While in combat, a unit chaplain serves a large number of warriors who may be scattered on a number of forward operating bases (FOB) and combat out posts (COP). Chaplains often rotate their visits based upon transportation availability, personnel needs on a particular FOB or COP, mission requirements, enemy threat, and weather. Whatever day the chaplain visits a particular location, it is “Sunday.”

In Christian traditions, the Eucharist is central to the warrior worship experience, especially while serving in combat. Each time a chaplain visits a unit location, he or she offers an opportunity for the warrior to worship, and the Eucharist is offered. As the chaplain places the host in the hand of the warrior and looks into his or her eyes, words of grace, hope, and new life are offered. This simple and yet profound act has powerful implications for the warrior while deployed.

However, it is important to understand that within the Christian community, denominations categorize, name (Lord’s Supper, Communion), and practice the Eucharist differently. Also, there are theological differences. Chaplains and warriors adhere to their specific faith traditions. However, occasionally these differences and the theological substance of the elements are really not important to the warrior while in combat. If it had been a long time since any chaplain last visited a particular location, warriors would attend a service or mass no matter the faith tradition of the chaplain or style of worship service. What was important to the warrior were the words of comfort, fellowship with others, and the sense of the presence of the Holy. Communion would bring together these three elements for the warrior.

IMPORTANCE WHILE IN COMBAT

Participating in the Lord’s Supper while in combat is a soul-stirring experience because of the depth of its meaning. During each of my combat deployments, Communion took on a special meaning for me as a chaplain as I saw myself as a conduit of;

  • a means of offering God’s grace even in the midst of hell
  • recalling Jesus’ suffering for us through His broken body and spilled blood
  • the mystery of our redemption as we receive the fullness of Christ

Also, communion had special meaning for the warrior. As the warrior came forward to receive the elements, they would reach out with their dirty and battle scarred hands palms up. I would place the host in their open palms and I would look them in the eye and say, “The Body of Christ, broken for you.” Often the warrior would take the host with tears in his or her eyes, thanking God that they were still alive and that God has kept them safe for another day. The warrior would celebrate the Lord’s Supper accepting the host with;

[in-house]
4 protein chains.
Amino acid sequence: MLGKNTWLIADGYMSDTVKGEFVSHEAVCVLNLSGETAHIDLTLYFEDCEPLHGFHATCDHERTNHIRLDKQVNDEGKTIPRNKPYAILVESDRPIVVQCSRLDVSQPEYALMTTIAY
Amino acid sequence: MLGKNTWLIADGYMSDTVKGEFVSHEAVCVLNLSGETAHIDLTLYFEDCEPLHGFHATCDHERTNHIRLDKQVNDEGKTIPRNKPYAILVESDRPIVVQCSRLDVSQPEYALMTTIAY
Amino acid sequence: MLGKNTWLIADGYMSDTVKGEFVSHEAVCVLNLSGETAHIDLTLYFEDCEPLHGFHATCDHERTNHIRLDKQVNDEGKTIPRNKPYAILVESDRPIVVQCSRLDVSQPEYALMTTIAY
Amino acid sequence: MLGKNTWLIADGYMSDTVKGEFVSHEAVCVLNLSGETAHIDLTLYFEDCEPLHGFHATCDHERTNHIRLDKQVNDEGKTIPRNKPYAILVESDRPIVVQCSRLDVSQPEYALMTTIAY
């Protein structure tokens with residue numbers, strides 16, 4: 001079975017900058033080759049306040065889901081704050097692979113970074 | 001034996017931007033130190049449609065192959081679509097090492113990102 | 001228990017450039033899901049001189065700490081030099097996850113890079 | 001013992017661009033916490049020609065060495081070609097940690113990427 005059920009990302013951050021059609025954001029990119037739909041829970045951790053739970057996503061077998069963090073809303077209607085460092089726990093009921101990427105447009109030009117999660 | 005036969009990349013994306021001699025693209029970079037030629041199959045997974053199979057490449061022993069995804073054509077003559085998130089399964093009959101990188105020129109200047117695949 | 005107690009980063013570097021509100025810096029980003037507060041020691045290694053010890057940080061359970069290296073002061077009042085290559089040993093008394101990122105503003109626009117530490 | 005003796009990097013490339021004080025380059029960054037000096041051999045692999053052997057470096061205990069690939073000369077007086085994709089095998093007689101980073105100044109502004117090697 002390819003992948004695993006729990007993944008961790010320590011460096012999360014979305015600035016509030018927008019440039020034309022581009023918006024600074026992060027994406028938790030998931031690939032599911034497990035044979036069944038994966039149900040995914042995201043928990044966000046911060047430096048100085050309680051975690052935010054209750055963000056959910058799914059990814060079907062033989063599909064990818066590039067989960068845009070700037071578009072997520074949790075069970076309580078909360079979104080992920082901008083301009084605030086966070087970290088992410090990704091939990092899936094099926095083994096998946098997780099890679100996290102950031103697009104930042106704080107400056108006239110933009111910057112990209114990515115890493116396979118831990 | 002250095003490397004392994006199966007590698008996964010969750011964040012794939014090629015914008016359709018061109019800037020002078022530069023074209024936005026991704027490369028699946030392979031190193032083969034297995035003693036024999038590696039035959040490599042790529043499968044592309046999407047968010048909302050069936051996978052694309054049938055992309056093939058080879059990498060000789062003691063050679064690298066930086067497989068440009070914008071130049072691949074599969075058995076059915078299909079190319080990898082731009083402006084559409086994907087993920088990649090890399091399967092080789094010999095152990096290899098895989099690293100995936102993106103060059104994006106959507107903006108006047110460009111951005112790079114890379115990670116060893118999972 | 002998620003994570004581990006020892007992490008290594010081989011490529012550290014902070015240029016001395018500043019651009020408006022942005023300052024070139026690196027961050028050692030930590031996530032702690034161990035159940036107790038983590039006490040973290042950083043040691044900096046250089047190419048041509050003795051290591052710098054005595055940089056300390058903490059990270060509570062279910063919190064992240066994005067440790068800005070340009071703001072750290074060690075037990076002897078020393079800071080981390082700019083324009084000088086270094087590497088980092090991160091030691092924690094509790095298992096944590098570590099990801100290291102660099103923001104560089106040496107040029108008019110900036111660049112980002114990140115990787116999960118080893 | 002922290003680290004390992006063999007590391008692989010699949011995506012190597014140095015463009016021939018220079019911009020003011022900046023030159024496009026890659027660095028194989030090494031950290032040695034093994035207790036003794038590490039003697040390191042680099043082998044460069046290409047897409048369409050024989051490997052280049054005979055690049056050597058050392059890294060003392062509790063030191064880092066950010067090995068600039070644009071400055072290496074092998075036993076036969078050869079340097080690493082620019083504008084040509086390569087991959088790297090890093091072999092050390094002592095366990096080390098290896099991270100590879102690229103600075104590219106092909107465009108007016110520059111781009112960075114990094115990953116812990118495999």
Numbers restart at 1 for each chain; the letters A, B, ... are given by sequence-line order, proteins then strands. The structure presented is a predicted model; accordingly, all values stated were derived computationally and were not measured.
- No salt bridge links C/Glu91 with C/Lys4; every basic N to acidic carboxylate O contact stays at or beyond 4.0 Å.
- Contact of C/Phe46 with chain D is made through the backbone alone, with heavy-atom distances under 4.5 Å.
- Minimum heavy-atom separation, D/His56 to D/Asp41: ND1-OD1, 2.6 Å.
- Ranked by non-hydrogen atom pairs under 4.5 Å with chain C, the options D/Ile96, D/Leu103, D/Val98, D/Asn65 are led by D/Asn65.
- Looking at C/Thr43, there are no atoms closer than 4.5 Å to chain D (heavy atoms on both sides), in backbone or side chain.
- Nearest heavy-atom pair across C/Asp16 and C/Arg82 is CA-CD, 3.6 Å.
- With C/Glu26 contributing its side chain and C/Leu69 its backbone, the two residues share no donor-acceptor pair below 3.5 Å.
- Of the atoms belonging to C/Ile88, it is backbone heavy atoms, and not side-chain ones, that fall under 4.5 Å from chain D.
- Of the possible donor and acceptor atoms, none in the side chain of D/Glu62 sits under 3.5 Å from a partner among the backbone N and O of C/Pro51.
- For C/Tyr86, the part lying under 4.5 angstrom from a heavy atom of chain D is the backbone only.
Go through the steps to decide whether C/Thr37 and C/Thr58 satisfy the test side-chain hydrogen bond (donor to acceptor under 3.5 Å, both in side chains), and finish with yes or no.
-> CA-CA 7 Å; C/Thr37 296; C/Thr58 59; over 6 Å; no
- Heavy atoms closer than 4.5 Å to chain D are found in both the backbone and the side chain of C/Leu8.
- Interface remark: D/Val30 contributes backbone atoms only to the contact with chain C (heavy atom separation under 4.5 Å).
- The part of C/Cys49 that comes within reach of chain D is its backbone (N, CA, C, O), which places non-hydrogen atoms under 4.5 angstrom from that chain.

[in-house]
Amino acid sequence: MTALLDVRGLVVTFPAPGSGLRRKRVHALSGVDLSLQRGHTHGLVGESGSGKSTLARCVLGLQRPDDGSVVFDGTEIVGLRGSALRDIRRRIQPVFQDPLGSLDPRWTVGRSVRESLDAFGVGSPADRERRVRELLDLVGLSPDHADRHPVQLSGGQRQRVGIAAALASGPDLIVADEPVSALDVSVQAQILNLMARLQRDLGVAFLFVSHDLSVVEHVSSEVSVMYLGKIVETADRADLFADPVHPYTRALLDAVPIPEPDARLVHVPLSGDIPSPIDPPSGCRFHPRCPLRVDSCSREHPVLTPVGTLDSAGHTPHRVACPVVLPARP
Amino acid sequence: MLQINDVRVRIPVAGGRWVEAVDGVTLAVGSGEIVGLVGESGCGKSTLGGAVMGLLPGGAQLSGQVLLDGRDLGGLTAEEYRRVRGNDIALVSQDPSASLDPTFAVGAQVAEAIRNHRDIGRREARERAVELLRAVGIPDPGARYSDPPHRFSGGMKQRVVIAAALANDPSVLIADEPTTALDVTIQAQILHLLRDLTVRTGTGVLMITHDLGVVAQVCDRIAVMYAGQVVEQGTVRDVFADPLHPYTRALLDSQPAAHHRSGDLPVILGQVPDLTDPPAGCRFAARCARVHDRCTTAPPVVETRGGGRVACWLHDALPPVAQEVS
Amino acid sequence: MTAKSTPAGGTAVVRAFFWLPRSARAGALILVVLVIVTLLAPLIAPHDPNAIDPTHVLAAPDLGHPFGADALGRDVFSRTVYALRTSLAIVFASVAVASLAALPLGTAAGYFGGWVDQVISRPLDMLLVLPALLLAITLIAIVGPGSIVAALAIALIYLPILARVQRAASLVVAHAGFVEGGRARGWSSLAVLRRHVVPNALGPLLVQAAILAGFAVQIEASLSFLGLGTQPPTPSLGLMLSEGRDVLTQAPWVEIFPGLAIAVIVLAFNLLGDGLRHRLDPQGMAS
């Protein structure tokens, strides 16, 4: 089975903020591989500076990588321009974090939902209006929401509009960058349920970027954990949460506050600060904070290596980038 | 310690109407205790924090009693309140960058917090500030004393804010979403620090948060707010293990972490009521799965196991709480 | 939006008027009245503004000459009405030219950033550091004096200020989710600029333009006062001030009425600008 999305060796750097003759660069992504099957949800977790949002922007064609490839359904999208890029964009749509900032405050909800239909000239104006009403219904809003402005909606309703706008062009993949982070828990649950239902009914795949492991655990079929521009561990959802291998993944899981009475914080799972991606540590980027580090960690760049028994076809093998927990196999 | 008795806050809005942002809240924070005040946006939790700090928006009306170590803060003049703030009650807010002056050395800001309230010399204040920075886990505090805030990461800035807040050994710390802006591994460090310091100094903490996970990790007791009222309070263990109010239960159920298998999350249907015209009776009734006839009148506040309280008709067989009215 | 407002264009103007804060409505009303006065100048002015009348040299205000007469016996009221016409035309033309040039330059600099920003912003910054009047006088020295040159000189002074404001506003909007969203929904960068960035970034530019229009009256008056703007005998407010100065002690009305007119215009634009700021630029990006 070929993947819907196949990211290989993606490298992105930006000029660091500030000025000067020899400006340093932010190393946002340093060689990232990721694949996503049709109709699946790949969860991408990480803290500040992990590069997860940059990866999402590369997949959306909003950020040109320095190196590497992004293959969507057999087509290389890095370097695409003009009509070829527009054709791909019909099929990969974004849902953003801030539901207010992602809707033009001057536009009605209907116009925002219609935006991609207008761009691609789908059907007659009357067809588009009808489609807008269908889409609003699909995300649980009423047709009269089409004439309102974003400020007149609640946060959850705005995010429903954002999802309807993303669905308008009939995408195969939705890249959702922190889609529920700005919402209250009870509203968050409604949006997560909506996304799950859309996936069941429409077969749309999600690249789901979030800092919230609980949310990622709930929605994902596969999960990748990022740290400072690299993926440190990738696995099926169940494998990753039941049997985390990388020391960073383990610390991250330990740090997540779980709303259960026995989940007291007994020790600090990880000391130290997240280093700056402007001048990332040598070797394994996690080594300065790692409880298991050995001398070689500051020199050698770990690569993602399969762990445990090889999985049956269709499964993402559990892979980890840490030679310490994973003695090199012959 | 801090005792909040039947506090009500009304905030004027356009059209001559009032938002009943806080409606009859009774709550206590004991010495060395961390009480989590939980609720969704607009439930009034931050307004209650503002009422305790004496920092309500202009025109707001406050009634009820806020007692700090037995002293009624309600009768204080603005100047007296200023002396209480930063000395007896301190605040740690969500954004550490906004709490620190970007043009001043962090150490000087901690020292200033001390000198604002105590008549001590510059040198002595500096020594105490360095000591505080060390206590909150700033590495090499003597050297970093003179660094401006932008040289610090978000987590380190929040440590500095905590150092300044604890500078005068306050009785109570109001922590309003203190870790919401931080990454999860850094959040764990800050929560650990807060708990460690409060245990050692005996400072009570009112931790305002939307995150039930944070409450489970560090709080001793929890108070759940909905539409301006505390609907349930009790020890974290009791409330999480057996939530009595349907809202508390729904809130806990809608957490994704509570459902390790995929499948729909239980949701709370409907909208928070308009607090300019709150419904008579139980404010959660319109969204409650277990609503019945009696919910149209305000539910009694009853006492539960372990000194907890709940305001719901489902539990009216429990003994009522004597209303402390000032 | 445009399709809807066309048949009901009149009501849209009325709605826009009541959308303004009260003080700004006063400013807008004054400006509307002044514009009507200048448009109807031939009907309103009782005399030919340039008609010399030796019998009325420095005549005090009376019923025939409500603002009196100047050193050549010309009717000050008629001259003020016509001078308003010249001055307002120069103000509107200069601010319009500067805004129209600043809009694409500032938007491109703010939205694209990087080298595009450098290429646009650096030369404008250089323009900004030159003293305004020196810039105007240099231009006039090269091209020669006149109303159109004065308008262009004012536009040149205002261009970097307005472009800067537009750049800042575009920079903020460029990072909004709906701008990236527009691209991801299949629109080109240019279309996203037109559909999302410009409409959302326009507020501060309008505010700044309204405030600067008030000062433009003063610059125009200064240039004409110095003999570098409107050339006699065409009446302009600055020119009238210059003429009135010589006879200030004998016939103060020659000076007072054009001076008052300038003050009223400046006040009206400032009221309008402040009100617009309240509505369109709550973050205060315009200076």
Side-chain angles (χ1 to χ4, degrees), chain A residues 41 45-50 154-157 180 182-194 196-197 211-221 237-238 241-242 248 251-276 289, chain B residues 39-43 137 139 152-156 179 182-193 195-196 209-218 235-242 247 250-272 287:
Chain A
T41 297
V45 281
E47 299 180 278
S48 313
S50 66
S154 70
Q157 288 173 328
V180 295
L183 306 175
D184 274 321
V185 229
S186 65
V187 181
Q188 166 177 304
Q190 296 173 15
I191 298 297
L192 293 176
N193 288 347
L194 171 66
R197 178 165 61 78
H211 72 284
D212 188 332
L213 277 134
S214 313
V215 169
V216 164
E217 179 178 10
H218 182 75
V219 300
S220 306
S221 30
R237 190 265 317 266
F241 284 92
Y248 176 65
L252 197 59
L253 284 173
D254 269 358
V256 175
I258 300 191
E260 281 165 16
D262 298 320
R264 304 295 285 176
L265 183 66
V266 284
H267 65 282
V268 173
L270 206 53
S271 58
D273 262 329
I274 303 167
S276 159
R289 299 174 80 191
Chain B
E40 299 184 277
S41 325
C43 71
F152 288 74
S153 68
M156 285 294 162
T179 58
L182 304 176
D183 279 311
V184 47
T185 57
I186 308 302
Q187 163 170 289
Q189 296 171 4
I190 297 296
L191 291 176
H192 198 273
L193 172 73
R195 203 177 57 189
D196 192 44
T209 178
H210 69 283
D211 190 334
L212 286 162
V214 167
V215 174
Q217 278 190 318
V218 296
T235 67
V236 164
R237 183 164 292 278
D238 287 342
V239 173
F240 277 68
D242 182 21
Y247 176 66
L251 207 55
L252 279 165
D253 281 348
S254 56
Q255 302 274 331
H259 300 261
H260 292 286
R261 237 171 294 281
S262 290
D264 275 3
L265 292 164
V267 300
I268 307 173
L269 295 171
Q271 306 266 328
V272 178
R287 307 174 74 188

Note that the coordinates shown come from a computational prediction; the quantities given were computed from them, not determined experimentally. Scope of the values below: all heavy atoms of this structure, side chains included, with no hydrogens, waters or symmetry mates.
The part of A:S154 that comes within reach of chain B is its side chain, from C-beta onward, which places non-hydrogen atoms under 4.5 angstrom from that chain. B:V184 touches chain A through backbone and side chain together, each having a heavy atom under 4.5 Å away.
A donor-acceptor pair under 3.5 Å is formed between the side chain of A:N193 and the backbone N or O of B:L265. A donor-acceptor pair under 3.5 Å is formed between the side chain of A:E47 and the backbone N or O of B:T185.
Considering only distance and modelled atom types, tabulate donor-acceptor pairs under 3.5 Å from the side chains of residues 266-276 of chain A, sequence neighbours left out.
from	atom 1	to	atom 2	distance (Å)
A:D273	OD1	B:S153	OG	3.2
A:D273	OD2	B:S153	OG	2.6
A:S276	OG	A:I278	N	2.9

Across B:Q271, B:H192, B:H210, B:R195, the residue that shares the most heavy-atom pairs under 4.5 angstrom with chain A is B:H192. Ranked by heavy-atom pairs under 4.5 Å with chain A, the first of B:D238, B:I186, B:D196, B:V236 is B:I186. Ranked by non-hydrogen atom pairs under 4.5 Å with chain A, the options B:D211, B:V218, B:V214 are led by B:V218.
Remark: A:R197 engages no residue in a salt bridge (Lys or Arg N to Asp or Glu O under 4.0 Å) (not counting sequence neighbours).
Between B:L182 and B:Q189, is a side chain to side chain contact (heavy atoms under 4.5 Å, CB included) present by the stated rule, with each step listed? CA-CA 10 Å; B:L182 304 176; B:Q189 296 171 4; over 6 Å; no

• heaviness of heart knowing of separation from loved ones back home
  • trying to understand the separation from the loss of a battle buddy killed or wounded
  • thankfulness knowing that Jesus had drawn near to us even in the midst of hell in combat

Participating in the Lord’s Supper while in combat is an integral part of our Christian worship. We receive comfort as we remember our Lord’s suffering, death and resurrection through prayers of confession and the Great Thanksgiving, but also through the meal itself. Additionally, the Lord’s Supper points to a hope as we look for His glorious return in the future.

MEANS TOWARD HEALING AND WELL-BEING AFTER THE VETERAN’S RETURN

This past January, my pastor asked me if I would be willing to take the worship service while he attended his doctoral studies. He reminded me that it was the first Sunday of the year and of the month which meant we would be celebrating the Eucharist. “Would that be OK?” Of course I was excited to be in the pulpit again and for having the opportunity to celebrate the Lord’s Supper. Little did I know the impact or effect being the celebrant would have on me.

As I stood behind the altar and reminded the congregation that “all were welcomed to the Lord’s table”, my heart flooded with emotions. As I placed in each persons’ palm a broken piece of bread from the common loaf, my eyes were filled with tears, for I recalled the warriors whom I placed the host in their hands and knew of the power and the mystery of that moment that while we were in combat we each received the good news of the forgiveness of sin and the hope of the resurrection. It reminded me of words of grace, hope, and new life. This simple and yet profound act has powerful implications for the veteran who now has returned.

The Eucharist is a means for the faith community to help the returning veteran work through the feelings of fear, shame and guilt, and pain and loss. For the Lord’s Supper provides opportunity for;

  • creating a safe place to reconnect to what the veteran feels